A gauntlet-throwing biography of the 18th-century minister and theologian who’s in the pantheon of great American intellectuals, along with Thomas Jefferson, W.E.B. DuBois, and the James brothers.
Gura (American/Religious Studies/Univ. of North Carolina; A Glimpse of Sion’s Glory, 1983, etc.) re-creates Edwards’s life and times, taking us from his birth and early studies at Yale College (not much is known about the intervening years) through his career as revivalist and theologian, and to his final post as Princeton’s third president. The third through fifth chapters form the heart of the book, where Gura argues that what animated Edwards’s preaching was an articulation of grace never before laid out in colonial America (though he notes that Edwards’s grandfather, the controversial and influential minister Samuel Stoddard, hinted at this in his own theology). It’s this grace—this “new, simple” presentation of the Gospel—that drew so many to convert after hearing Edwards, and it’s this grace that explains the biographer’s subtitle: In Gura’s reading, Edwards’s grace-filled preaching was the beginning of the great tradition of American evangelicalism. This assertion is sure to spark debate among scholars: the claim that Edwards was an evangelical is no mere semantic move, but a challenge to the theological categories that many historians have long made conventional in the history of American Protestantism. Gura’s study, too, will invite inevitable comparison with George Marsden’s biography of Edwards, which won the prestigious Bancroft Prize in 2004. Marsden is, no doubt, the standard-bearer, and even Gura acknowledges that Marsden’s is “the definitive life,” saying that his own study is not exactly a biography but a “consideration of Edwards,” a “selective” meditation on certain themes in the life. Gura will win readers, too, though, with a work that’s much the shorter, and a forceful argument that’s clear, accessible and arresting.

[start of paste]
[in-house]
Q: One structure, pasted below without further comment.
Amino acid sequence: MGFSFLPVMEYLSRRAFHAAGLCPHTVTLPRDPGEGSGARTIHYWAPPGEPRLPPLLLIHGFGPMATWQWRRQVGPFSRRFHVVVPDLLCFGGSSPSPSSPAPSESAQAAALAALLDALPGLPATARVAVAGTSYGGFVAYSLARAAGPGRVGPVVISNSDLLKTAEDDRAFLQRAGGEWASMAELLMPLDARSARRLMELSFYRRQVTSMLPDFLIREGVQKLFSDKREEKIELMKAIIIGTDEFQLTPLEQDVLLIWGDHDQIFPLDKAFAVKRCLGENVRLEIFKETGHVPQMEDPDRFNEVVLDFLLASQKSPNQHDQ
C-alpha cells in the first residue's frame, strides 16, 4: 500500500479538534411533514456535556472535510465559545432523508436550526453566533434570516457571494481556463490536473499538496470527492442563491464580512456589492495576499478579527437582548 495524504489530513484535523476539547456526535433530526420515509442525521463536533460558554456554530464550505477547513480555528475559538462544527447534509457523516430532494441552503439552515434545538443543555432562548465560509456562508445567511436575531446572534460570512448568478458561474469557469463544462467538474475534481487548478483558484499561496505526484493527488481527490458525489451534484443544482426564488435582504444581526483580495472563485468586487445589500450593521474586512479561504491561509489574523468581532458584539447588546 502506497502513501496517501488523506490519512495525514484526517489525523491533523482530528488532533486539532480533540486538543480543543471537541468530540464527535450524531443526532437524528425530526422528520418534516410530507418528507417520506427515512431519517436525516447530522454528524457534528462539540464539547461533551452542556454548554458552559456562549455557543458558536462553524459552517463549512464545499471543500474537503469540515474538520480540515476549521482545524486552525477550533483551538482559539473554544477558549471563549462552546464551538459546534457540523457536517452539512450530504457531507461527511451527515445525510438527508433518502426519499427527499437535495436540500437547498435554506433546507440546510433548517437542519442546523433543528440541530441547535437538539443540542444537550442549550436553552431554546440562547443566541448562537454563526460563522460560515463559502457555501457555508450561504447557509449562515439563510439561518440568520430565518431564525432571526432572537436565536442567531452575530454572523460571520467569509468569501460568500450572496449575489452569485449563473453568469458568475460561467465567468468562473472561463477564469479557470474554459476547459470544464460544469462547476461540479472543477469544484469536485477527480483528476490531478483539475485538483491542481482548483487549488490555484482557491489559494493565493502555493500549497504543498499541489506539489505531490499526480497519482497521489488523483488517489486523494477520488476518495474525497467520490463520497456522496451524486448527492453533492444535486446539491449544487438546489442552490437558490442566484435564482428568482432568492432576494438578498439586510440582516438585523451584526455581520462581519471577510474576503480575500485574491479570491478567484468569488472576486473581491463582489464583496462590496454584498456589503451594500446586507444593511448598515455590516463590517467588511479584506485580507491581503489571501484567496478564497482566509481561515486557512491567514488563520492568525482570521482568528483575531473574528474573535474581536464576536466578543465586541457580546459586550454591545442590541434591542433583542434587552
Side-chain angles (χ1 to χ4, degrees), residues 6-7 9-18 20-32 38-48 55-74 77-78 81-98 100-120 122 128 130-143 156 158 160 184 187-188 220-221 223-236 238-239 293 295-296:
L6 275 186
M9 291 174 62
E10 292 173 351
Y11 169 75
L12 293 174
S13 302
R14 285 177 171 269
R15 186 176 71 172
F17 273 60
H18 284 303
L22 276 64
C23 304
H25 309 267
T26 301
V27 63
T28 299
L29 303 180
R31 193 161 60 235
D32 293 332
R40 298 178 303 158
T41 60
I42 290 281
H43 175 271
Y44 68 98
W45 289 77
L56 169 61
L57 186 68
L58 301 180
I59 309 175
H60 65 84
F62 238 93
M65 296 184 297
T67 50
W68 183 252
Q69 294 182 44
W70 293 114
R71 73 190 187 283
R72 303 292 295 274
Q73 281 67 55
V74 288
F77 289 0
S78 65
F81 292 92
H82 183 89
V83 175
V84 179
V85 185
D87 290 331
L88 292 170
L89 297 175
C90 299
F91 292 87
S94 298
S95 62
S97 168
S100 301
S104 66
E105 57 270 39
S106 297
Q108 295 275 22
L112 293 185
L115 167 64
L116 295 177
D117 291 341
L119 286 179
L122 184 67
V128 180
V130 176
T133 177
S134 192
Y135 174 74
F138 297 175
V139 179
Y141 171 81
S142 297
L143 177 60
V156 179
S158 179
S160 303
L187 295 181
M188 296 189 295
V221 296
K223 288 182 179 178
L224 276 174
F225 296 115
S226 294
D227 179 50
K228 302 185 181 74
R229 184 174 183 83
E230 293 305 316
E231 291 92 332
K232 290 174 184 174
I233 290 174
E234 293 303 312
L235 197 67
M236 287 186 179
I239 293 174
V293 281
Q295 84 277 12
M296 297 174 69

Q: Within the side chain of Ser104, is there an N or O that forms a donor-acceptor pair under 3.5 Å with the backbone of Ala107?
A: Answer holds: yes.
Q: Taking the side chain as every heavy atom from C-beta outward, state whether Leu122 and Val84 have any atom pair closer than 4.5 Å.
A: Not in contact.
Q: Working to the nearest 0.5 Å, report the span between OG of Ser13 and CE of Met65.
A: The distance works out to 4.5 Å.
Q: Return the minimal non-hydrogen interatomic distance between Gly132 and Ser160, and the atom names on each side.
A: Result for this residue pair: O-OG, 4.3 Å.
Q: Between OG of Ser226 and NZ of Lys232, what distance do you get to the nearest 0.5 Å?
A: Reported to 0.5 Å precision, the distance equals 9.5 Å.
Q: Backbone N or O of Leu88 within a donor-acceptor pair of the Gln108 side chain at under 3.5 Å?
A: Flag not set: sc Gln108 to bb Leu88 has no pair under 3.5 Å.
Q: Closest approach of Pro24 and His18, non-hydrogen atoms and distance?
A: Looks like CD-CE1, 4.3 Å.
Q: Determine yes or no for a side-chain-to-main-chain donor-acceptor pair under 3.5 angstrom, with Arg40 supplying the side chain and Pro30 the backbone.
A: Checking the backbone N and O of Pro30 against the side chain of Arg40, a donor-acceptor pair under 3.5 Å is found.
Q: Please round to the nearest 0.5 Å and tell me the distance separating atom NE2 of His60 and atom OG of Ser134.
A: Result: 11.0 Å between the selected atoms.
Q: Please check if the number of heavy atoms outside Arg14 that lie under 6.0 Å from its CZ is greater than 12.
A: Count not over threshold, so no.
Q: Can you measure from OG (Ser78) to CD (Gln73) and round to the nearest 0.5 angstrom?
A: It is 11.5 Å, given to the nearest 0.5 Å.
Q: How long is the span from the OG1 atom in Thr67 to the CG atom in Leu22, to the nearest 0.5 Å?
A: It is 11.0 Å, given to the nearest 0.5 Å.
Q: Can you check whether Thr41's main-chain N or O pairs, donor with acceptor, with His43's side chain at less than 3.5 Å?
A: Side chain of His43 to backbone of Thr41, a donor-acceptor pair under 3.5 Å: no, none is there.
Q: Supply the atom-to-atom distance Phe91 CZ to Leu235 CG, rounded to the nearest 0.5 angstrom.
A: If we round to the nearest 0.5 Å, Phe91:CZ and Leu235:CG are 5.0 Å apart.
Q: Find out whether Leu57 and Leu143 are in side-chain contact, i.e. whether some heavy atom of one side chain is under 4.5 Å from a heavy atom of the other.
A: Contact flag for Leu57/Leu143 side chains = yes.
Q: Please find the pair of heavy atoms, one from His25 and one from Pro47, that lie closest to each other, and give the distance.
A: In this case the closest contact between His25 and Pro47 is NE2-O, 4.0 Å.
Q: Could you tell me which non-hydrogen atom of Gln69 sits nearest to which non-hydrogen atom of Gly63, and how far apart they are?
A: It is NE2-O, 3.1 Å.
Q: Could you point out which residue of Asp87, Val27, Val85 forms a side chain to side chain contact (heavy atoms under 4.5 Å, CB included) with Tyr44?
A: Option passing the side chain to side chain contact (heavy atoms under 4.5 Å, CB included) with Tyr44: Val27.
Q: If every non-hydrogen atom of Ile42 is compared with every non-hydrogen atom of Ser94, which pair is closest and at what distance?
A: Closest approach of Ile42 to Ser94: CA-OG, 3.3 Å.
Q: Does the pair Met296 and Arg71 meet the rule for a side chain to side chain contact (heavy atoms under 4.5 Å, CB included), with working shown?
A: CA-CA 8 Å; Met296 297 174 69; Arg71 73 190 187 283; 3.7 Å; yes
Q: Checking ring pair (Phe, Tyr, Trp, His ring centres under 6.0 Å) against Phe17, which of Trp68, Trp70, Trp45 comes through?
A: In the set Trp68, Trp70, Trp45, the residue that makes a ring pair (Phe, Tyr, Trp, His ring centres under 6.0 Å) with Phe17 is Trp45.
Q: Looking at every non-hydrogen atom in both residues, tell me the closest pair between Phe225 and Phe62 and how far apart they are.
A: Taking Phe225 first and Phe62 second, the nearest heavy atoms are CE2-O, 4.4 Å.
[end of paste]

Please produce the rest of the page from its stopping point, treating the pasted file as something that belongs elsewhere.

Controversial, and a quick, enjoyable read. Gura will grab at least some of the audience of armchair-history-lovers that professional historians always claim they want to reach.